Growing Up Does Not Have to Mean Boring

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This week, I will turn 23. For a while I was scared of that fact, since I really enjoyed being 22. I learned a lot. It was fun, scary, sad, lonely, joyful, and captivating. But since I am not in Neverland, I cannot say 22 forever, nor can I go back to being 7.

This time last year, I was in a dark place where I didn’t think I would have a job, I was terrified of moving and leaving my friends, and I thought my life was over. This week was the job interview that changed everything. This week was the anniversary of the day I was accepted to graduate school, on my birthday, of all days. This was the week that changed everything for the better. I grew up a lot this week.

Then December came. I already loathe winter, but it was made even worse by the fact that I graduated college and then my dog died the next day. Adulthood came upon me too fast, and I was unprepared for it. Throwing myself into my new job and my dream of becoming a children’s librarian, I devoured children’s books and films, rekindled my love for Disney films into a blaze that consumed me to the point that could quote my favorite films without thinking about it, even if I had not seen the film in years.

Then I joined my new church, where at first I felt out of place, like  a carton of eggs on a bread shelf. Occasionally, I still feel like I don’t belong. But then I remember why. I never feel out of place with certain people in the group (shoutout to Katrina and Shannon in particular), but with others I will never belong. Yet those are the ones whose approval I tried all these months to gain. It seems silly, looking back on it now. But now I realize it is all part of the growing up process.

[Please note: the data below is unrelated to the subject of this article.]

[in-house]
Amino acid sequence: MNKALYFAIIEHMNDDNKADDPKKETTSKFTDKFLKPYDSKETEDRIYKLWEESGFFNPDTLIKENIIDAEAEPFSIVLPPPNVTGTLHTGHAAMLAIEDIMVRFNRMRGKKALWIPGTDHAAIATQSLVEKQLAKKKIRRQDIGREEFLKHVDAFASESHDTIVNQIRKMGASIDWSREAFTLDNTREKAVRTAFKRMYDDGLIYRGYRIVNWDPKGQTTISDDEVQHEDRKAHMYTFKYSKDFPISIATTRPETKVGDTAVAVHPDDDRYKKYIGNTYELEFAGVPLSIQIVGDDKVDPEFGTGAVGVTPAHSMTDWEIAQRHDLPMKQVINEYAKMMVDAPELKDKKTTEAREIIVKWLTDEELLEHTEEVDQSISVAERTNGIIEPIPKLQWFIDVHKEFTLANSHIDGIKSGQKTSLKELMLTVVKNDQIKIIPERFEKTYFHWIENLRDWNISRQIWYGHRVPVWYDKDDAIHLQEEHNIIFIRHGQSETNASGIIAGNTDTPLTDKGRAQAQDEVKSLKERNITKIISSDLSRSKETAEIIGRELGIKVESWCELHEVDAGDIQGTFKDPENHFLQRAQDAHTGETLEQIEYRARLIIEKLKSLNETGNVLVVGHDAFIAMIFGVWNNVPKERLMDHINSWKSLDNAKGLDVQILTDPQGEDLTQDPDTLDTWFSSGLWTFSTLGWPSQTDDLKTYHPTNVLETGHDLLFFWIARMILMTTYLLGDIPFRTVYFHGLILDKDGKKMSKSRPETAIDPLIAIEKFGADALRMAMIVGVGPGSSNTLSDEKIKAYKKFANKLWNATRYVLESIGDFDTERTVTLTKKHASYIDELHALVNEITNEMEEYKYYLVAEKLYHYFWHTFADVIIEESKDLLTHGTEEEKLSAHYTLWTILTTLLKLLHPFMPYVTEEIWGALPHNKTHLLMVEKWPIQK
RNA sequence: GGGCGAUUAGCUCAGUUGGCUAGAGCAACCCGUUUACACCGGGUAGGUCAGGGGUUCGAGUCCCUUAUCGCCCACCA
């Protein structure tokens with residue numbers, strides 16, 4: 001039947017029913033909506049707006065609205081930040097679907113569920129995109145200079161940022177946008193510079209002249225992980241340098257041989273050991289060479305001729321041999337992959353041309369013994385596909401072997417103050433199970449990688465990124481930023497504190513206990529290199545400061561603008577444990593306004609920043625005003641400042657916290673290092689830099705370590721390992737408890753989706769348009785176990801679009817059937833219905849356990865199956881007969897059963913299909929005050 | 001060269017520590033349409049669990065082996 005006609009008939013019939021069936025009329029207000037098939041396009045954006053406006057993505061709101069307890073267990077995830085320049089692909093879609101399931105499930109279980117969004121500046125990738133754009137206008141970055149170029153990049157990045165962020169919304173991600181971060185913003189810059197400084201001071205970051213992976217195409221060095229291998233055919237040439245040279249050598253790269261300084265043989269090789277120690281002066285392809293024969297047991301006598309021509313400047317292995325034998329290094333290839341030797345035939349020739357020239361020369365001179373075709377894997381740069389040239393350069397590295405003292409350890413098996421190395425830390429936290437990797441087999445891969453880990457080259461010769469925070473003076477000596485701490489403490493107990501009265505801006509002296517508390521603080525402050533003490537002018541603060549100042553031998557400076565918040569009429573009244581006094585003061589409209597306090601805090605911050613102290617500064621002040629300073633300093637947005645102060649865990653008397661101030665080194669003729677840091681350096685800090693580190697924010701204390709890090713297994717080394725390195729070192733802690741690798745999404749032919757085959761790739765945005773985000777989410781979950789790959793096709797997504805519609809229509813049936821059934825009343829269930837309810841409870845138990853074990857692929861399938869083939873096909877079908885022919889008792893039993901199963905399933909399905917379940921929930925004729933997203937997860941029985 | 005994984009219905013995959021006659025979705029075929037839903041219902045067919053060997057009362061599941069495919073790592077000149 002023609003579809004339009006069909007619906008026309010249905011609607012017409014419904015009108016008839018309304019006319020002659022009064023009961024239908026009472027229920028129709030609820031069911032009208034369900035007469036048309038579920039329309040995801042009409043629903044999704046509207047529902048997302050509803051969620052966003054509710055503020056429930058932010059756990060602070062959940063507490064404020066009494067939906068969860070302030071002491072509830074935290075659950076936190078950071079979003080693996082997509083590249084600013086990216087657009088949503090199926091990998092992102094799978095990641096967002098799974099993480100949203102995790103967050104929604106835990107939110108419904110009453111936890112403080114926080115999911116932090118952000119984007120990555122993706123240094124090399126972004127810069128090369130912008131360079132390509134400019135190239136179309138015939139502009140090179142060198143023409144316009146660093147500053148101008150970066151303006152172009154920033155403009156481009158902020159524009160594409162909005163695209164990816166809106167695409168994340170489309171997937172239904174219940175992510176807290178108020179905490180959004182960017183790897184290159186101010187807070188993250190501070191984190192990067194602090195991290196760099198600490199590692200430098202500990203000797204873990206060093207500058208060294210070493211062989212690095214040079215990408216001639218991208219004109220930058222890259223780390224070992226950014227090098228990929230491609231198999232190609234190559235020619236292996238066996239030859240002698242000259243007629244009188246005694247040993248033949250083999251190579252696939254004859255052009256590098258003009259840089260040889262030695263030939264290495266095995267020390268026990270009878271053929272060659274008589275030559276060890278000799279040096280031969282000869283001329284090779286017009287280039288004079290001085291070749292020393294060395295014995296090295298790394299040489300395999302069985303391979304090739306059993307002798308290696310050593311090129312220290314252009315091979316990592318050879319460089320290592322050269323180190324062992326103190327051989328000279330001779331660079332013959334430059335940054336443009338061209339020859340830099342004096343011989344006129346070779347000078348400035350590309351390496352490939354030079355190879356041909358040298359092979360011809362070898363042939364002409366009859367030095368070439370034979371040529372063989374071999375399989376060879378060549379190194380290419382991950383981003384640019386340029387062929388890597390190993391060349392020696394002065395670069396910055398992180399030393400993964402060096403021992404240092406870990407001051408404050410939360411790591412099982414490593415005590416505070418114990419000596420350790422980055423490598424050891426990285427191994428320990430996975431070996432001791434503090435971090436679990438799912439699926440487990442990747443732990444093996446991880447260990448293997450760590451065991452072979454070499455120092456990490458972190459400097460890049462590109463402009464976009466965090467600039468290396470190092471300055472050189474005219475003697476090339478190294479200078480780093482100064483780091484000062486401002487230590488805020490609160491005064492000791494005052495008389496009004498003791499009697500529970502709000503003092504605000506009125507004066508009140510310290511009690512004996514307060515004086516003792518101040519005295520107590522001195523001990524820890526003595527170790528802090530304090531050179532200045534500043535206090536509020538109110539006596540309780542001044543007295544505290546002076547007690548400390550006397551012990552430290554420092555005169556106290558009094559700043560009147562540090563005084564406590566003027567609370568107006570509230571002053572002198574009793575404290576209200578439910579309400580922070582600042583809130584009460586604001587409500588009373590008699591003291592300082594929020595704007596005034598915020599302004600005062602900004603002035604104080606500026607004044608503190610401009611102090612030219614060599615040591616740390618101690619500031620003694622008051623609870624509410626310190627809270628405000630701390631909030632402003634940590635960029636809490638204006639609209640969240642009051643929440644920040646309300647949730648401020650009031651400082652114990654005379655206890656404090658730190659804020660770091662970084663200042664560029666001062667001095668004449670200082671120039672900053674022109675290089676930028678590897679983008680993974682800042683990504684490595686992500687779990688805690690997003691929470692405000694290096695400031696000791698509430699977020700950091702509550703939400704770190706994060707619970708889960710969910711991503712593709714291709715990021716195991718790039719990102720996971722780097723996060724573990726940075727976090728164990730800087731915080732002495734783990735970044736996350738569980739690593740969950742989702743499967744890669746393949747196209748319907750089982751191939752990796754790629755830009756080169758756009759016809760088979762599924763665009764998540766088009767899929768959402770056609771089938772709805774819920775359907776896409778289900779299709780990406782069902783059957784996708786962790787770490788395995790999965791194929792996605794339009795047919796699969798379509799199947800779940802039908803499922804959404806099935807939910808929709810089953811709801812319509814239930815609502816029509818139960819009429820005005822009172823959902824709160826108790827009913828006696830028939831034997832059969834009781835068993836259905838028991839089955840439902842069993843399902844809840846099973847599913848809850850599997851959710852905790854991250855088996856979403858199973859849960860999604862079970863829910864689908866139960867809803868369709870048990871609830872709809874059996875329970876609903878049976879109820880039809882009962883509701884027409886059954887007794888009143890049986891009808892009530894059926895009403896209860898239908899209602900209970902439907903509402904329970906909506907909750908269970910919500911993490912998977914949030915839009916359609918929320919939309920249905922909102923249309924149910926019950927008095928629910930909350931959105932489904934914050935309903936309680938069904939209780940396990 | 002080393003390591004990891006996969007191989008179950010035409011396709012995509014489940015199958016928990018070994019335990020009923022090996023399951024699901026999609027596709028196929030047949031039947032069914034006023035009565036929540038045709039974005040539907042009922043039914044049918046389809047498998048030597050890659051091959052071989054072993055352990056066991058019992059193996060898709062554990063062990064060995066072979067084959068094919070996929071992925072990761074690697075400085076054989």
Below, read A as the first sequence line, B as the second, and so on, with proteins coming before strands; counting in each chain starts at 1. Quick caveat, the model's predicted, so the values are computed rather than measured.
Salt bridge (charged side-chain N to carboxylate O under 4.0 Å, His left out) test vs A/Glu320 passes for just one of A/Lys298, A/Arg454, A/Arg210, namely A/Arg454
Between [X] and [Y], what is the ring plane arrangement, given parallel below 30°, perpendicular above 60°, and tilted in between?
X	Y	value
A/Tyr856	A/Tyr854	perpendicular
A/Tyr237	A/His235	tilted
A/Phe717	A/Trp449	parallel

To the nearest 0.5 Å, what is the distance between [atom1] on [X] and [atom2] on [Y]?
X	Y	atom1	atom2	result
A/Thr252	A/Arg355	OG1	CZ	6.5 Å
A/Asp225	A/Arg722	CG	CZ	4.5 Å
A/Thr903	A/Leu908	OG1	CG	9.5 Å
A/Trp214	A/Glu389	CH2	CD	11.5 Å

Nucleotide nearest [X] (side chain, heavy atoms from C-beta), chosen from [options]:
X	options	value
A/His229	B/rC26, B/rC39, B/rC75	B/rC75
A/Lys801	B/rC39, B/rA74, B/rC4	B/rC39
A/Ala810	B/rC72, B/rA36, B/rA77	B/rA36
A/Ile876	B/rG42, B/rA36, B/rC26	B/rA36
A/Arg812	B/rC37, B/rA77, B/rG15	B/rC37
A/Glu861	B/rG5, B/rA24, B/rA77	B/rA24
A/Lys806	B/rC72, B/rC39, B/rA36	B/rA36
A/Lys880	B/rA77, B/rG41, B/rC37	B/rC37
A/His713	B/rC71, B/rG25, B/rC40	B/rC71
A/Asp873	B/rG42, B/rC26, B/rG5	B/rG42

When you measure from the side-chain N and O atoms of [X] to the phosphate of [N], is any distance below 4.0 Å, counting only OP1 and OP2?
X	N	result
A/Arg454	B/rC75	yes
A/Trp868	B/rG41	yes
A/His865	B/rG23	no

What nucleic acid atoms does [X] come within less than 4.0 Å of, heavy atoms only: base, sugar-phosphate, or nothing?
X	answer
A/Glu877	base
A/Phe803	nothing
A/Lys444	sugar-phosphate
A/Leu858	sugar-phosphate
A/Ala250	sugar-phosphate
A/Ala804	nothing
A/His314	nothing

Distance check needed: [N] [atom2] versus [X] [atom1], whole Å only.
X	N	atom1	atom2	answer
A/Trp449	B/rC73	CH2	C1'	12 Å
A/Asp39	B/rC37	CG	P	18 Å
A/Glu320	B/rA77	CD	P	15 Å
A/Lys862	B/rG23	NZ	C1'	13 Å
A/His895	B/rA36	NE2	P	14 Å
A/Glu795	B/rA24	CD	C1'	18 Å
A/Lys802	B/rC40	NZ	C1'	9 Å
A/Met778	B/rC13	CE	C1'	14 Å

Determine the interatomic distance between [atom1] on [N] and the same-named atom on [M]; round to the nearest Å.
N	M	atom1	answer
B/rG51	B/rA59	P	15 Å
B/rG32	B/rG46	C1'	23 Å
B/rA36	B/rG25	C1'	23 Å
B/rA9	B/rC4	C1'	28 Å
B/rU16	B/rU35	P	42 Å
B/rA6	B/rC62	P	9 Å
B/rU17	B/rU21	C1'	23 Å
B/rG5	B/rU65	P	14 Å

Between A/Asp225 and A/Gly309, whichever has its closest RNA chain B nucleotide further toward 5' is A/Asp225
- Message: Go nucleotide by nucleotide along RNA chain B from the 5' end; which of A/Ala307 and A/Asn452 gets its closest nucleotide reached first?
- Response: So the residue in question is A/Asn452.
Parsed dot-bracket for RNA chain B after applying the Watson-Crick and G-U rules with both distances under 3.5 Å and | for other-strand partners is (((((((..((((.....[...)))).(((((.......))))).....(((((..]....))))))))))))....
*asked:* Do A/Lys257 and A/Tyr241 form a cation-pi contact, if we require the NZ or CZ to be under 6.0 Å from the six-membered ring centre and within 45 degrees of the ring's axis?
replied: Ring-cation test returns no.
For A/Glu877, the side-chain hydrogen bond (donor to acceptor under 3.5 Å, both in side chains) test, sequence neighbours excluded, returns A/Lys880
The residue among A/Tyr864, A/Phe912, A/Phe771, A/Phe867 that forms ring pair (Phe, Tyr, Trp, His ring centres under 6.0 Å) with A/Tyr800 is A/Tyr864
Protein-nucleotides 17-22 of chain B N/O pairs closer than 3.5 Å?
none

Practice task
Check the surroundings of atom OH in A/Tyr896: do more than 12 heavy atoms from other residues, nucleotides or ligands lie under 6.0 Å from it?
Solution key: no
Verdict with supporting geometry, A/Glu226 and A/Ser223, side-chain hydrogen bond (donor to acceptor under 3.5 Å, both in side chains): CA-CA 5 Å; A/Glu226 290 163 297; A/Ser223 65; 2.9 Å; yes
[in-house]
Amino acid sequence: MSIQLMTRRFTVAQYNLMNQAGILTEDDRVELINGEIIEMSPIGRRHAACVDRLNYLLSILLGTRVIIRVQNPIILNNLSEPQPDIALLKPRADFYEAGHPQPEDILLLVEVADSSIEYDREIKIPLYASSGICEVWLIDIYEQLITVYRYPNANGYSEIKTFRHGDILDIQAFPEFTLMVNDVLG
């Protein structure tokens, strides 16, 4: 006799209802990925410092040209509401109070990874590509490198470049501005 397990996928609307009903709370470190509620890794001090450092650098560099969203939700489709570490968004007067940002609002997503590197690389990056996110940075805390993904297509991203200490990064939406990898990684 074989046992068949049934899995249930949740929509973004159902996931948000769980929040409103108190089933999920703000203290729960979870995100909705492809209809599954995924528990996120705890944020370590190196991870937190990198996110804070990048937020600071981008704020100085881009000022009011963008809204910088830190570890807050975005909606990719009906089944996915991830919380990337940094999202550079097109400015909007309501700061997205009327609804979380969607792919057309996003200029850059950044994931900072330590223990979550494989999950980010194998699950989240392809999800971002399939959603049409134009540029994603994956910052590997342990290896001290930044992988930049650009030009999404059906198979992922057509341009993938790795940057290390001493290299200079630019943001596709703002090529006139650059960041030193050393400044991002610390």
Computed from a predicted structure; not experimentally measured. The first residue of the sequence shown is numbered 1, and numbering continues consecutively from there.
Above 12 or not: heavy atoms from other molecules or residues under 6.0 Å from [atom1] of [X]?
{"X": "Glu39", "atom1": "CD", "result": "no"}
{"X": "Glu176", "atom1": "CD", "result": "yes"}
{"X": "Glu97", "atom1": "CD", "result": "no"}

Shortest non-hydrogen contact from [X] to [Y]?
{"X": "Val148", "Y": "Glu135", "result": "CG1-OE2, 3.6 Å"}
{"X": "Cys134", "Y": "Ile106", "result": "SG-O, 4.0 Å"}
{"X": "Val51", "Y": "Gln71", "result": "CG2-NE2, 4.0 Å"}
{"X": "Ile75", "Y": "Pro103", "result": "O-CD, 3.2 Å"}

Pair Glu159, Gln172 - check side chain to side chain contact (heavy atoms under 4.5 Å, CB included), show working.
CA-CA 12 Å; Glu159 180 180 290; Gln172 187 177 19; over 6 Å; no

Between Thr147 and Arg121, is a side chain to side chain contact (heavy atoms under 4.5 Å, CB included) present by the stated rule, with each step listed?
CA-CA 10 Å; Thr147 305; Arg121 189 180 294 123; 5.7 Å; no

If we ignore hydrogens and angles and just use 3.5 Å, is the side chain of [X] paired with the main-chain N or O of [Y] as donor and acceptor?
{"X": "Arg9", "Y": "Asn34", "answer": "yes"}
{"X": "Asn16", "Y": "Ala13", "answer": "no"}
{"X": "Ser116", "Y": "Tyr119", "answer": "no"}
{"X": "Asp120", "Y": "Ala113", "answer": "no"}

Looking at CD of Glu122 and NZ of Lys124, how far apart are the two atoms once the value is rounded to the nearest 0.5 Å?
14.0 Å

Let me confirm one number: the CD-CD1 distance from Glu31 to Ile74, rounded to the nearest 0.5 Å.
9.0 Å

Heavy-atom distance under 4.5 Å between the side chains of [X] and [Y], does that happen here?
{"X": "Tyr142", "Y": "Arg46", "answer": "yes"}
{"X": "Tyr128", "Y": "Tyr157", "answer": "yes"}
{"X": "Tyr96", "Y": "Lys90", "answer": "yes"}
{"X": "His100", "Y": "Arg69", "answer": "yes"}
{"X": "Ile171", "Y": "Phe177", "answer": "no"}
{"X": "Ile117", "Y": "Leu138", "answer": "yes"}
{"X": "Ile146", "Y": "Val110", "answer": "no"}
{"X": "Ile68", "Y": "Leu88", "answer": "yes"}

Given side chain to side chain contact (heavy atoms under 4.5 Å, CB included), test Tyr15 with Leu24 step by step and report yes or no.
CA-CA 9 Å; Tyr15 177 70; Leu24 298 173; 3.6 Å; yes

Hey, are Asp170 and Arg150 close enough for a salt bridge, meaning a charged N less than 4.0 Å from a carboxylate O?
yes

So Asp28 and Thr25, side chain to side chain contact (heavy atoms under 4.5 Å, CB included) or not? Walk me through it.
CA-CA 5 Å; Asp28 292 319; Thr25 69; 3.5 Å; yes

I will never stop acting like a child. I will never grow up. If growing up means I must become boring, angry, and bitter like so many adults I know, then I want no part of it. When Shannon and I went to Fallingwater this week, all I could think about was a magical fairyland deep in the woods. Come on, even the name has an other-worldly feel to it.

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Call me crazy, but I prefer to believe that unicorns exist because the idea of them makes me happy. I like to think that somewhere out there is a dragon I can tame so I can ride it and cut my commute to work. I love the idea that a fairy tale is out there for me. I don’t mean the prince charming-happily-ever-after foolishness. Instead, I believe in magic. I believe in a pure, unadulterated, childlike wisdom that only comes with innocence and the desire to know more about the world, an Alice-like curiosity that cannot be satisfied. Yes, I am about to turn 23. But I will never, under any circumstances, allow myself to grow up. To forget what it is to be a child is to forget how to live. If you want to become old and bitter, go right ahead. I choose a life of joy and freedom.

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